By Bill Solomonson

It has been argued that there are four key areas of knowledge and skill in performance consultancy (Robinson & Robinson, 2008):

  1. Business knowledge
  2. Performance improvement knowledge
  3. Partnering skill
  4. Consulting skill

This third area of partnering skill aligns directly to ISPI’s fourth Standard: Work in Partnership (ISPI, 2012)–a particularly important part of what we do as performance consultants.

As a field, we do well at providing ourselves with models, handbooks, case studies, best practices, university programs, certificates, and the like. We are good at that. Where we primarily fall short is on this notion of partnering skill. There are grave dangers in missing the boat on this, as Ivor Davies (1975 p.372) noted, “no matter how pert our development and evaluation procedures, no matter how sophisticated and scientifically based our techniques, little will be achieved if the quality of human relations is overlooked or ignored.”

I have been very lucky to have had mostly positive relationships with my clients over the years. Honestly, I used to attribute that to thinking I was simply pretty good at my job; perhaps as defined by listening well, working hard, and believing those people who told me so. But, then again, what happened with those relationships that did not go so well? Ah, those were “personality issues,” a “bad situation,” a “problem client,” and so on. Were they really? Could I have salvaged those somehow?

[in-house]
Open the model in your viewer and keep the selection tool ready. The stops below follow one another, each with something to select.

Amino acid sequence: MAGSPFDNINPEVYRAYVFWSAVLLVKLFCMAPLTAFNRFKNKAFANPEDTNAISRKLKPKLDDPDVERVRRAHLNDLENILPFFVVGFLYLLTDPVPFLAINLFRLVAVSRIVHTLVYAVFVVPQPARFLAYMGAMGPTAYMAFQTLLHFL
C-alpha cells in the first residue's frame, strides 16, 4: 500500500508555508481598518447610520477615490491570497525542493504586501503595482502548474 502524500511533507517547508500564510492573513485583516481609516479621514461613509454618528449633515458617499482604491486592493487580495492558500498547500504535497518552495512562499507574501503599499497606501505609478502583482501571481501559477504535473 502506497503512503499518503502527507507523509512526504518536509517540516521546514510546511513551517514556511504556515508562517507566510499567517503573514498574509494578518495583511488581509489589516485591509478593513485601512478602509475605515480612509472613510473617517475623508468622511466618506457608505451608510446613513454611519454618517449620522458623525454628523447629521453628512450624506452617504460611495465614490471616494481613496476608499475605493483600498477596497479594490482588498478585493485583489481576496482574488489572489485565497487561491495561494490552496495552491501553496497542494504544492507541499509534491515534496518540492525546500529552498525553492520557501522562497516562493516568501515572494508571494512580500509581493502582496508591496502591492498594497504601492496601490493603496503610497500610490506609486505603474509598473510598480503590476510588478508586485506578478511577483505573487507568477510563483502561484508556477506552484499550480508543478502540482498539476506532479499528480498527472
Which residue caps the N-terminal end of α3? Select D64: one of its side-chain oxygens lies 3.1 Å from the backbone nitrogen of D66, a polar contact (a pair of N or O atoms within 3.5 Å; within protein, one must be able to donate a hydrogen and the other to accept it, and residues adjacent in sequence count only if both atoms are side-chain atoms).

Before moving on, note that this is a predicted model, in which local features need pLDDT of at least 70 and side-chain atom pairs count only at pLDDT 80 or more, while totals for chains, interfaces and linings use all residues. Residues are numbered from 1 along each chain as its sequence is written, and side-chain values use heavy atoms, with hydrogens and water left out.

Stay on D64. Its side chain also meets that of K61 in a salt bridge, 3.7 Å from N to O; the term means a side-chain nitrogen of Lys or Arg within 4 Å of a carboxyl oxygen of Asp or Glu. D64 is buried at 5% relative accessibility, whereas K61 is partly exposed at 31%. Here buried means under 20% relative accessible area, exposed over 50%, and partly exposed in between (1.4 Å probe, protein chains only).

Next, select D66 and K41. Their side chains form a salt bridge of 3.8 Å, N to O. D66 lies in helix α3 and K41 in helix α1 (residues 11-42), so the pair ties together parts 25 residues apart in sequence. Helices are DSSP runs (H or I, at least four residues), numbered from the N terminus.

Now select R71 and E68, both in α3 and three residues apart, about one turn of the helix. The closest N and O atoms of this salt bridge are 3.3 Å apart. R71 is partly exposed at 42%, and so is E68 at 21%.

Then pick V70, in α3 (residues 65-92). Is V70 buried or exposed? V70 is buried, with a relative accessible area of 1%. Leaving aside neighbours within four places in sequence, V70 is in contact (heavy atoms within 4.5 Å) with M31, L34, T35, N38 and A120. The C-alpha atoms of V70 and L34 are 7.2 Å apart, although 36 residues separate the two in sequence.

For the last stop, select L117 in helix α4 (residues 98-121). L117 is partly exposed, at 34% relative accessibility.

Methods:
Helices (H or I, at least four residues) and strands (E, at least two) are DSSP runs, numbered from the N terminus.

Of course there are environmental factors that affect our client relationships, but, generally, we suppose our professional relationships are based on the same factors as our personal relationships. This supposition is, for the most part, wrong.

This is because first, and fundamentally, our client-consultant relationships are based on professional exchange–our work is exchanged for pay as part of a social, or literal, contract. Second, nearly half a century of research into the buyer-seller relationship has shown us otherwise. In fact, a meta-analysis of studies on the topic has suggested that as many as 18 professional relationship-specific variables can play a significant role (Palmatier, Dant, Grewal, & Evans, 2006). The good news for us practitioners is that all this can really be boiled down to (1) building trust as a core component of partnering skill, and (2) understanding the big three factors that affect trust. Particularly in a situation with a new client, these are:

  • Perceived level of expertise: A client’s perception of a consultant’s knowledge and technical competence (Vargo & Lusch, 2004).
  • Shared values: Values that are expressed through the demonstration of expected patterns of behaviors (Lipset, 1975).
  • Sharing of meaningful information: The formal and informal sharing of meaningful information in a timely manner (Fynes, Voss, & De Burca, 2006; Wakefield, Stocks, & Wilder, 2004). Meaningful in this definition means a high level of quality that represents a valued resource in the exchange relationship.